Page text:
Traveling to a High-volume Center is Associated With Improved Survival for Patients With Esophageal Cancer.

Journal Article (Journal Article)

BACKGROUND: An association between volume and outcomes has been observed for esophagectomy, though little is known about why or how patients choose low- or high-volume centers. The purpose of this study was to evaluate how travel burden and hospital volume influence treatment and outcomes of patients with locally advanced esophageal cancer. METHODS: Predictors of receiving esophagectomy for patients with T1-3N1M0 mid or distal esophageal cancer in the National Cancer Data Base from 2006 to 2011 were identified using multivariable logistic regression. Survival was compared using propensity score-matched groups: patients in the bottom quartile of travel distance who underwent treatment at low-volume facilities (Local) and patients in the top quartile of travel distance who underwent treatment at high-volume facilities (Travel). RESULTS: Of 4979 patients who met inclusion criteria, we identified 867 Local patients who traveled 2.7 [interquartile range (IQR): 1.6-4 miles] miles to centers that treated 2.6 (IQR: 1.9-3.3) esophageal cancers per year, and 317 Travel patients who traveled 107.1 (IQR: 65-247) miles to centers treating 31.9 (IQR: 30.9-38.5) cases. Travel patients were more likely to undergo esophagectomy (67.8% vs 42.9%, P < 0.001) and had significantly better 5-year survival (39.8% vs 20.6%, P < 0.001) than Local patients. CONCLUSIONS: Patients who travel longer distances to high-volume centers have significantly different treatment and better outcomes than patients who stay close to home at low-volume centers. Strategies that support patient travel for treatment at high-volume centers may improve esophageal cancer outcomes.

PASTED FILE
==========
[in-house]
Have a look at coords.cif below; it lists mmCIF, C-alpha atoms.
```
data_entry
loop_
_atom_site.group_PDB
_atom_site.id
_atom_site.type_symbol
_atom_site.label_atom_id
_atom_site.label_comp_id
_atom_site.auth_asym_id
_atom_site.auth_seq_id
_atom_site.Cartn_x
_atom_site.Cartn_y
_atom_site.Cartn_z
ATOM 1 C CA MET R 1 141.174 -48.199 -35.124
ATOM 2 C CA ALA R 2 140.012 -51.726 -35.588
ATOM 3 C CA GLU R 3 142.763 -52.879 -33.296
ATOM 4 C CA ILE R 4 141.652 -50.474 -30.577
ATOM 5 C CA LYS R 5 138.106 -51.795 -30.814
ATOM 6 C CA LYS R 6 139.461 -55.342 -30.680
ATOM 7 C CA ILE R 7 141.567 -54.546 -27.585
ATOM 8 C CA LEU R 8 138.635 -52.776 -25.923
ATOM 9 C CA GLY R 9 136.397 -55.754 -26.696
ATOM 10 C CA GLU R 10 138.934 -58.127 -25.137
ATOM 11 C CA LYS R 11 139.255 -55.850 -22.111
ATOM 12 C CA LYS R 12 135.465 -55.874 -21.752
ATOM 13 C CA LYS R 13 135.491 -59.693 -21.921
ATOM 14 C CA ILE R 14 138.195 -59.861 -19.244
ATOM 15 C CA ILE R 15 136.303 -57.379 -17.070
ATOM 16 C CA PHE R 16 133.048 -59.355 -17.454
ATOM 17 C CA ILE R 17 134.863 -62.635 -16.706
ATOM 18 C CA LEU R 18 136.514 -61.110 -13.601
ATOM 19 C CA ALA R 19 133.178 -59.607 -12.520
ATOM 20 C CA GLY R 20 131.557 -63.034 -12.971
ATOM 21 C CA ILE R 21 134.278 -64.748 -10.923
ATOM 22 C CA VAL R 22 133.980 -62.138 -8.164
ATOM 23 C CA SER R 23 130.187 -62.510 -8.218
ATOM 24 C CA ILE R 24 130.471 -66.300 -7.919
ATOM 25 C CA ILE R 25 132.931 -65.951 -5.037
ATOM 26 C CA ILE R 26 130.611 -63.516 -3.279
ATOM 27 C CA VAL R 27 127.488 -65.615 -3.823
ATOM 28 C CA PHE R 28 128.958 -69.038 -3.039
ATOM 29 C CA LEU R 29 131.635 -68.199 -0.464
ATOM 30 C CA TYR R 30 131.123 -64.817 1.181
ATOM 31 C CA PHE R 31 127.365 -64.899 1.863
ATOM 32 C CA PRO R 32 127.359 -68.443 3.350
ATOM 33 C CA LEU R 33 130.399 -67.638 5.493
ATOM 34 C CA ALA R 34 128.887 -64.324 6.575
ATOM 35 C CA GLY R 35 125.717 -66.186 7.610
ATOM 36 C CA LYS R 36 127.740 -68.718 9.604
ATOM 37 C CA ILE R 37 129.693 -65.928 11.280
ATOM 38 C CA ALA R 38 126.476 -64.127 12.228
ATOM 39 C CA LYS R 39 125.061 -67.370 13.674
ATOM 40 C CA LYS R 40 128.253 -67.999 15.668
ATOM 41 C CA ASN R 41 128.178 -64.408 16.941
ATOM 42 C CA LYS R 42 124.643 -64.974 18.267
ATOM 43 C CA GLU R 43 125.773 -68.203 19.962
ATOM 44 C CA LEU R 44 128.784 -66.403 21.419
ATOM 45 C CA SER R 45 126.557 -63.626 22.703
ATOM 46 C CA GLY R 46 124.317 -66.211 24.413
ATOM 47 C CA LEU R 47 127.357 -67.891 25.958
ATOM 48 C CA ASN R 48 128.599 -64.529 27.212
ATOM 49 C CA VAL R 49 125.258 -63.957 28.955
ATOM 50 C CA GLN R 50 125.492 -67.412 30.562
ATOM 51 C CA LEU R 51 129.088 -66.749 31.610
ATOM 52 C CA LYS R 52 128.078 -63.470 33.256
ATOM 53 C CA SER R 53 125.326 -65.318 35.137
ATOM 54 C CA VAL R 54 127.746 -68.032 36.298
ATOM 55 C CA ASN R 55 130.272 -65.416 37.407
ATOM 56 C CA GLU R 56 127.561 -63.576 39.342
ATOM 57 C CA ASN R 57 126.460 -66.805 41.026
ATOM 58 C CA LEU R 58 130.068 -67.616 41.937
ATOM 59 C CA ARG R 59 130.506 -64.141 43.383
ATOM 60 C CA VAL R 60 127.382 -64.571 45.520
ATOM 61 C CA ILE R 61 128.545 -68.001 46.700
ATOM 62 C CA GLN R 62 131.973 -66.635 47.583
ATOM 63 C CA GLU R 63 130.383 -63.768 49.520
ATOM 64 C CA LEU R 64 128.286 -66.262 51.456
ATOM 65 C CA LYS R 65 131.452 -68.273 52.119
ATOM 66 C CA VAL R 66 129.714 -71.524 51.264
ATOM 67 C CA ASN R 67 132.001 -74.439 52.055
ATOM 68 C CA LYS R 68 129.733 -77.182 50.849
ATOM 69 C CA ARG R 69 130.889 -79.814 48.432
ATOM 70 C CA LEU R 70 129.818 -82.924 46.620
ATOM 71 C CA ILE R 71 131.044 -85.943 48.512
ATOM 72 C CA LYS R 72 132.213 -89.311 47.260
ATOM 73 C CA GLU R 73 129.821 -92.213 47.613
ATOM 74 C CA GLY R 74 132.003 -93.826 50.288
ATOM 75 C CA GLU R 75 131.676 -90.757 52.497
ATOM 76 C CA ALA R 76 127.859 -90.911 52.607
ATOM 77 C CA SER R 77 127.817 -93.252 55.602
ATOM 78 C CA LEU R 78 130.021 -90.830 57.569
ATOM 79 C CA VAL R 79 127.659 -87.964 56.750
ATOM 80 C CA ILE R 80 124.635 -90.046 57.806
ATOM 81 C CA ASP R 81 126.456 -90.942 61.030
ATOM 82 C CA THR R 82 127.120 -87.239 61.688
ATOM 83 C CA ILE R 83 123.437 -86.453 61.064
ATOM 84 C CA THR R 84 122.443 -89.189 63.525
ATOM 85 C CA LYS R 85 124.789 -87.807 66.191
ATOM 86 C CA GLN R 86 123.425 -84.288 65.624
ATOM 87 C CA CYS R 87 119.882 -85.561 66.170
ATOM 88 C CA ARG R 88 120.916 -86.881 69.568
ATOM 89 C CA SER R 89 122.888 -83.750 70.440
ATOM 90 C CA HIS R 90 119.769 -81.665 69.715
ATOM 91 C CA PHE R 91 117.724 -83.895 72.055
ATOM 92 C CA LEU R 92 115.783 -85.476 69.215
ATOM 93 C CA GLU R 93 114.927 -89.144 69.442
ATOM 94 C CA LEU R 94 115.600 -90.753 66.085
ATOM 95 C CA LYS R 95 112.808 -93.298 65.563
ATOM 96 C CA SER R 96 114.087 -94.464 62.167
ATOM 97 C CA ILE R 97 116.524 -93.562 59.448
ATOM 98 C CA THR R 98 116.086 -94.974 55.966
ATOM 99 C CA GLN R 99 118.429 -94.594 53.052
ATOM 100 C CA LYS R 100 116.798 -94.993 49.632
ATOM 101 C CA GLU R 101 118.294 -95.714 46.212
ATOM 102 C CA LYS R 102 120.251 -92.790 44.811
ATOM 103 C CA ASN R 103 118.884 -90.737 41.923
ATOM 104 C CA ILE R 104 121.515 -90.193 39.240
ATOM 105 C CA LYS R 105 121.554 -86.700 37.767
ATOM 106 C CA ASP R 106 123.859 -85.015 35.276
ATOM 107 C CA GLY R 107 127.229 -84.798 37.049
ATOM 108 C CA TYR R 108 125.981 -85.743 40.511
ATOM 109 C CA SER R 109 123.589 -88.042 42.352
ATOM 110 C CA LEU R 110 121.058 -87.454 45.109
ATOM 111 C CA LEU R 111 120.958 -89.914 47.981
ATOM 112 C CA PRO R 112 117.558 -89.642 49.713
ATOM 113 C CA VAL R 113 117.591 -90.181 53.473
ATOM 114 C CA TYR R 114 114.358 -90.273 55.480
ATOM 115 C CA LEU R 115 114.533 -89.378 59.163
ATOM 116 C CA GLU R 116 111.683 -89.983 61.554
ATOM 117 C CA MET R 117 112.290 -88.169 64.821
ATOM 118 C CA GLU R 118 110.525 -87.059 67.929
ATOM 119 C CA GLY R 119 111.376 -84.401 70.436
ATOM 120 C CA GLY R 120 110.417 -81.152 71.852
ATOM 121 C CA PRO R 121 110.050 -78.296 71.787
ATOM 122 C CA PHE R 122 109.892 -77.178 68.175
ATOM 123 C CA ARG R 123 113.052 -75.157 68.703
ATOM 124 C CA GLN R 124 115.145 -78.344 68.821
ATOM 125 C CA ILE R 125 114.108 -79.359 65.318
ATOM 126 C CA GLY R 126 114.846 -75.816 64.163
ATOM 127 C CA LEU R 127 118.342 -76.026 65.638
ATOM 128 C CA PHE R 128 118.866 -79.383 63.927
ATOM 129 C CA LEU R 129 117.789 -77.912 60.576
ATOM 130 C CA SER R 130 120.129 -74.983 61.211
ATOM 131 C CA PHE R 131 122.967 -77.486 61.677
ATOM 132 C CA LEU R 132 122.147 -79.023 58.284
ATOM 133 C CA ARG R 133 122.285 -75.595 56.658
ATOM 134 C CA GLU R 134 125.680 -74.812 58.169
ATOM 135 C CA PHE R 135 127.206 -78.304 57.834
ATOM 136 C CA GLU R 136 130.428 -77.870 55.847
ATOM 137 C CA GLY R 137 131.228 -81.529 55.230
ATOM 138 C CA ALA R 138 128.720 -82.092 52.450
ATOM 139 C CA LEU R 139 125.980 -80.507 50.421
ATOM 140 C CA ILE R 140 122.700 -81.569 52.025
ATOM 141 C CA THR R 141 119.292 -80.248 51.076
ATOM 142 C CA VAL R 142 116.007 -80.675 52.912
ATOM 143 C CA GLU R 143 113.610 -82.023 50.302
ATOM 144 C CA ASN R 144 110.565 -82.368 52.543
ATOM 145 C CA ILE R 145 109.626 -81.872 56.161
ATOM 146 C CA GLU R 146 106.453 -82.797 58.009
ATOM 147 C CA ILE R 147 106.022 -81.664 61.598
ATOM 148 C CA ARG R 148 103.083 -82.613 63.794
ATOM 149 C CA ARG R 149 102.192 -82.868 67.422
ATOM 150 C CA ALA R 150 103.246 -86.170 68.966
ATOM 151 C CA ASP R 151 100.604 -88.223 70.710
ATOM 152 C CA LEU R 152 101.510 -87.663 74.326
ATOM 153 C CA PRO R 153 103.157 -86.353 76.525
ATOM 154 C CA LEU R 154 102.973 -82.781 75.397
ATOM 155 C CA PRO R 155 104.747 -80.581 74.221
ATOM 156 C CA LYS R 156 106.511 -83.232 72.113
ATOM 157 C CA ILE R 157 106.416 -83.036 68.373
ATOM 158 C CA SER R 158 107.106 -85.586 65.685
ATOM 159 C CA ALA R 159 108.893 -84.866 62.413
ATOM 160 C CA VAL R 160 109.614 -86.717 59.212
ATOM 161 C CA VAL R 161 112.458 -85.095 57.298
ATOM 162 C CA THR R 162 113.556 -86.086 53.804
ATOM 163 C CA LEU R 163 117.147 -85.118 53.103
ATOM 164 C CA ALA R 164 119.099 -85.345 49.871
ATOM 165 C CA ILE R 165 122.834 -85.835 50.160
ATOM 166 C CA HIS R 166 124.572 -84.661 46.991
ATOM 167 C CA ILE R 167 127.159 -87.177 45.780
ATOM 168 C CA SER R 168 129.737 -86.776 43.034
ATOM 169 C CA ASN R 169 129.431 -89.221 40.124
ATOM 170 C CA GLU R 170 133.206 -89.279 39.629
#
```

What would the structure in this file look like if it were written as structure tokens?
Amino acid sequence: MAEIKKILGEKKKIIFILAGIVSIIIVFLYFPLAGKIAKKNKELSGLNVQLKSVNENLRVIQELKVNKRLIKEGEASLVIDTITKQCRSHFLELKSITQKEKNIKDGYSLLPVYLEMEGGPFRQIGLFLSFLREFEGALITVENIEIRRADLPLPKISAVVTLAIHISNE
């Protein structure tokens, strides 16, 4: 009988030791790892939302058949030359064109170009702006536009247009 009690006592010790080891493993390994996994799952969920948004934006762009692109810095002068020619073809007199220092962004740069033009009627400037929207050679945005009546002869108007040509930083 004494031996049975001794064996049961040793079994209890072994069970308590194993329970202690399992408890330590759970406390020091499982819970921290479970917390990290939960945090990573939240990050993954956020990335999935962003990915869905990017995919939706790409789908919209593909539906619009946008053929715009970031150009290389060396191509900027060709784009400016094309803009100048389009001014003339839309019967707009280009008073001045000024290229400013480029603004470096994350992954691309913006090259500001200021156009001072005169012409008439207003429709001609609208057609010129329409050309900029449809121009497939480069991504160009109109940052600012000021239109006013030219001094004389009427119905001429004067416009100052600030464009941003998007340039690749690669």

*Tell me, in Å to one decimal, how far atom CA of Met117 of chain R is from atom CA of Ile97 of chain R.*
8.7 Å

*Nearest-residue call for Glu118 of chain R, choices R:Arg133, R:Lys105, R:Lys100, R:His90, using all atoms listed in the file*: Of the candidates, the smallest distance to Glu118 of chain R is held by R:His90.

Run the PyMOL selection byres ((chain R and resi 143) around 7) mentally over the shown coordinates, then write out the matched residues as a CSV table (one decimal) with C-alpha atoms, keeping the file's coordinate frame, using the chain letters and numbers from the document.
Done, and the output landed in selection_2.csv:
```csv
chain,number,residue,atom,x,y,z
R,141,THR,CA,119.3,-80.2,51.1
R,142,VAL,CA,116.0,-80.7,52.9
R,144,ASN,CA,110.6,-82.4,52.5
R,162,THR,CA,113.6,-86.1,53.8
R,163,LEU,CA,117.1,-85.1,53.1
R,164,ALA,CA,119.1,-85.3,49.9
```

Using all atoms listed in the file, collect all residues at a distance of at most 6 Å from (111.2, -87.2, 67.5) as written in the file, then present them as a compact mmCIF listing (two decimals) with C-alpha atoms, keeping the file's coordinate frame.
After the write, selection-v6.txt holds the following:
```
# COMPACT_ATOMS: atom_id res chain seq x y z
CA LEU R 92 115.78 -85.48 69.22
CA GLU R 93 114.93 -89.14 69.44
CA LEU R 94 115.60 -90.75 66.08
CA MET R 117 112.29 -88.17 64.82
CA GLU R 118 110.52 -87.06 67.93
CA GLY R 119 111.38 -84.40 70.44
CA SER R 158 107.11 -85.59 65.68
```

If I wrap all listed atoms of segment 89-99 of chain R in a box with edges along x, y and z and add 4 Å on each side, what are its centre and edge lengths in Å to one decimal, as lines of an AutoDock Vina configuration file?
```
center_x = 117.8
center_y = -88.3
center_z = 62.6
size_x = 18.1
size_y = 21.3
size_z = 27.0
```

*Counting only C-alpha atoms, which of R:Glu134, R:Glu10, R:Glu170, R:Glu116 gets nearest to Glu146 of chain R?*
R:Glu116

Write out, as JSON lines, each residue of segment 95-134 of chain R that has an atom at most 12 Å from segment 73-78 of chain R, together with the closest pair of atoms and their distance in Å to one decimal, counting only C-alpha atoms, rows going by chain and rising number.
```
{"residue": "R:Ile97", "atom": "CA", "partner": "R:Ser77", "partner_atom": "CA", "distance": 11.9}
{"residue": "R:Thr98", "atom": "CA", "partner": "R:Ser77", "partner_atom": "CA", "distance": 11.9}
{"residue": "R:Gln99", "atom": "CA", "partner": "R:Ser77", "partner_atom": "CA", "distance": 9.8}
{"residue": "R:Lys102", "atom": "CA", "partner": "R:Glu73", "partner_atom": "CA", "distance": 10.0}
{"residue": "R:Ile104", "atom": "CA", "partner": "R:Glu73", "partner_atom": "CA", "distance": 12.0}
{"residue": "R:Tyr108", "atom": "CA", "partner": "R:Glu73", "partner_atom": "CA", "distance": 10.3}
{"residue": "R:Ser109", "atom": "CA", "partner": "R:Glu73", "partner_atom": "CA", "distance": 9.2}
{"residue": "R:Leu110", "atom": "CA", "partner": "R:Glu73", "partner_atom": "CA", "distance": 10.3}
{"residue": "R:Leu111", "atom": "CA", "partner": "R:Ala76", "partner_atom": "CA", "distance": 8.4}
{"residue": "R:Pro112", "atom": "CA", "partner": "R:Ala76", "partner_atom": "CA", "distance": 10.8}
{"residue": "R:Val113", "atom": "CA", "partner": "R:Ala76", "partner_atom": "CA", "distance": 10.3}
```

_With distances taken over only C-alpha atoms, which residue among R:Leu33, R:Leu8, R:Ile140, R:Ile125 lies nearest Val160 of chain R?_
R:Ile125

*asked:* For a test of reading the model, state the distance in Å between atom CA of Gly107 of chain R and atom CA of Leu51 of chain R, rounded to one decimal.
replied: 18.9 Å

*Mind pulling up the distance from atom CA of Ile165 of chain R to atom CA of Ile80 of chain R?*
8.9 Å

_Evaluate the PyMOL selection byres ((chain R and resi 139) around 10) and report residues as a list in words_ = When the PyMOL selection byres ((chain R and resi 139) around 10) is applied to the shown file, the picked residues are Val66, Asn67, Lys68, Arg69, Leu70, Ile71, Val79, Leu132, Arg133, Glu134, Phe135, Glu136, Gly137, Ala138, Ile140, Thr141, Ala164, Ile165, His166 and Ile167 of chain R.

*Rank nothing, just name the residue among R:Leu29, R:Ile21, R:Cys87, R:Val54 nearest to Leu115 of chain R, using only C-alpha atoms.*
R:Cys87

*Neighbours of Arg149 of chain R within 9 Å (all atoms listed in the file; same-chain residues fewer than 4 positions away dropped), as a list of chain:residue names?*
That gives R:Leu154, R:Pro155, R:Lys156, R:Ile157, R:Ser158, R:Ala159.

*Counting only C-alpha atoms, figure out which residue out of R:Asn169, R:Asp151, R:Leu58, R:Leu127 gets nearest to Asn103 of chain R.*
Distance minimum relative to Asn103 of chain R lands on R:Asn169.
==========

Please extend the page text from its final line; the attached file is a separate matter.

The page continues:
Full Text

Duke Authors

Cited Authors

  • Speicher, PJ; Englum, BR; Ganapathi, AM; Wang, X; Hartwig, MG; D'Amico, TA; Berry, MF

Published Date

  • April 2017

Published In

Volume / Issue

  • 265 / 4

Start / End Page

  • 743 - 749

PubMed ID

  • 28266965

Pubmed Central ID

  • PMC5143210

Electronic International Standard Serial Number (EISSN)

  • 1528-1140

Digital Object Identifier (DOI)

  • 10.1097/SLA.0000000000001702


  • eng

Conference Location

  • United States